How did dependency theory [explained earlier] with its socialist-like proposals to solve poverty and the Marxist influence on liberation theology fuse together? One often hears disclaimers to the fact that not all dependency and liberationist writings were Marxist. This is of course true. Novak himself argued that “liberation theology forms a tapestry much broader than its Marxist part and is woven of many colors.” It is worth stating that the work of carefully distinguishing between the various theoretical foundations suited to liberation theology, as Novak and Joseph Cardinal Ratzinger (later Pope Benedict XVI) did at the time, is not the same as trivializing the broader Marxist influences. There are some subtle differences between the Ratzinger-Novak caveat and other claims concerning the impact of Marxism. Some of these other assertions were that (1) classic Marxism had been revised or distilled by the seventies, (2) Marxism as an academic tool did not contradict Catholic dogma and doctrines, (3) the first Christian communities were proto-marxian, and (4) a “Christian socialism” that eschewed Marxist atheism and materialism was possible. In a scholarly analysis published in 1988, H. Mark Roelofs maintained that the differences between liberation theology and old-style Marxism could be explained in the following manner:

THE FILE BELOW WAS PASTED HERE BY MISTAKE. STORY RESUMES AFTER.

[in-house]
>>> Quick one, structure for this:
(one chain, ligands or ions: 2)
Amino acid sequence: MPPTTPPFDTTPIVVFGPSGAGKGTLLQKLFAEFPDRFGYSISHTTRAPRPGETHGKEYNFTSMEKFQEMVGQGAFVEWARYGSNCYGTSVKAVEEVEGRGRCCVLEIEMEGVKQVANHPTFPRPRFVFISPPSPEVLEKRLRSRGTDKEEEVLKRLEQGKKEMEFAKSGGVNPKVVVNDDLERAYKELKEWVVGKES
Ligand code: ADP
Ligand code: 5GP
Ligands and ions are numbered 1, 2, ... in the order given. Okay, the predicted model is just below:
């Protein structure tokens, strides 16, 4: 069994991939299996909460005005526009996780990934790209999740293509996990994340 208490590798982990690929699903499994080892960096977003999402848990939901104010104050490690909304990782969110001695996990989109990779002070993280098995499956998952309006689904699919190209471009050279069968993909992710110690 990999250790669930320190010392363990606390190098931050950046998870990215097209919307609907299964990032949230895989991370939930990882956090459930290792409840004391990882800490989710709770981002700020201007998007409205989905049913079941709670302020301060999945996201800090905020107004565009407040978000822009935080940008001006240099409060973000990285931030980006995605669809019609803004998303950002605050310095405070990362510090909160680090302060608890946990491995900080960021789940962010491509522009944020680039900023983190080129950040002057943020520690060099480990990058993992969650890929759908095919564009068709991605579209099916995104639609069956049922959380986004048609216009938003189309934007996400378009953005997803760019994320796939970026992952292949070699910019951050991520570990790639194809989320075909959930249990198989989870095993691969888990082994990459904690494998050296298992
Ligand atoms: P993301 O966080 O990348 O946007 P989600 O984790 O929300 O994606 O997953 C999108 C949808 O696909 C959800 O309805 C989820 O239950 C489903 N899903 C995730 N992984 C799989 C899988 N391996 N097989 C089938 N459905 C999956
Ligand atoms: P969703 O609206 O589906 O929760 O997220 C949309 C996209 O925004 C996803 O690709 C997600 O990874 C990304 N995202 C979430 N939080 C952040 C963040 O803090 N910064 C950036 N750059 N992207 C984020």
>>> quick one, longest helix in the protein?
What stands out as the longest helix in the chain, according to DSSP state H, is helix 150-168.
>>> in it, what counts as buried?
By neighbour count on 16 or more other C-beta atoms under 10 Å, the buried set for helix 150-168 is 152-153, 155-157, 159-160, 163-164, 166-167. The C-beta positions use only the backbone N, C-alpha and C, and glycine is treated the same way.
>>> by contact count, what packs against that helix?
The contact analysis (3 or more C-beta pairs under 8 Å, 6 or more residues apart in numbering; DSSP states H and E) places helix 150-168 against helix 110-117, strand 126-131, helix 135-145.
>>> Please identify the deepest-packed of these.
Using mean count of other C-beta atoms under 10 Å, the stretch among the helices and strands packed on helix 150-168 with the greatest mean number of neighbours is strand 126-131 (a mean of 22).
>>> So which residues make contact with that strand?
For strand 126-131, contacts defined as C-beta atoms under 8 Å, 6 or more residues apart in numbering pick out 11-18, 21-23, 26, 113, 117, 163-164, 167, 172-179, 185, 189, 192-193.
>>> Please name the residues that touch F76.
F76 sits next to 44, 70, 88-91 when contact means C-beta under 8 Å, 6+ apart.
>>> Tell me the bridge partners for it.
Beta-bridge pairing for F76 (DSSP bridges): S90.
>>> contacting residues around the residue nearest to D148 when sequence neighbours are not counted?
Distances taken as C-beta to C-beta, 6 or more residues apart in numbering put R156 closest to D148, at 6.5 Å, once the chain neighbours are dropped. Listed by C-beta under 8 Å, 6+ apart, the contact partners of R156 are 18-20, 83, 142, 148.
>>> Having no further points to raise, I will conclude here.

Liberation theology is not a Marxism in Christian disguise. It is the recovery of a biblical radicalism that has been harbored in the Judeo-Christian tradition virtually from its founding … [Do you buy that?] Liberation theologians turn to modern Marxism chiefly to gain a comprehensive understanding of contemporary class conflict and poverty.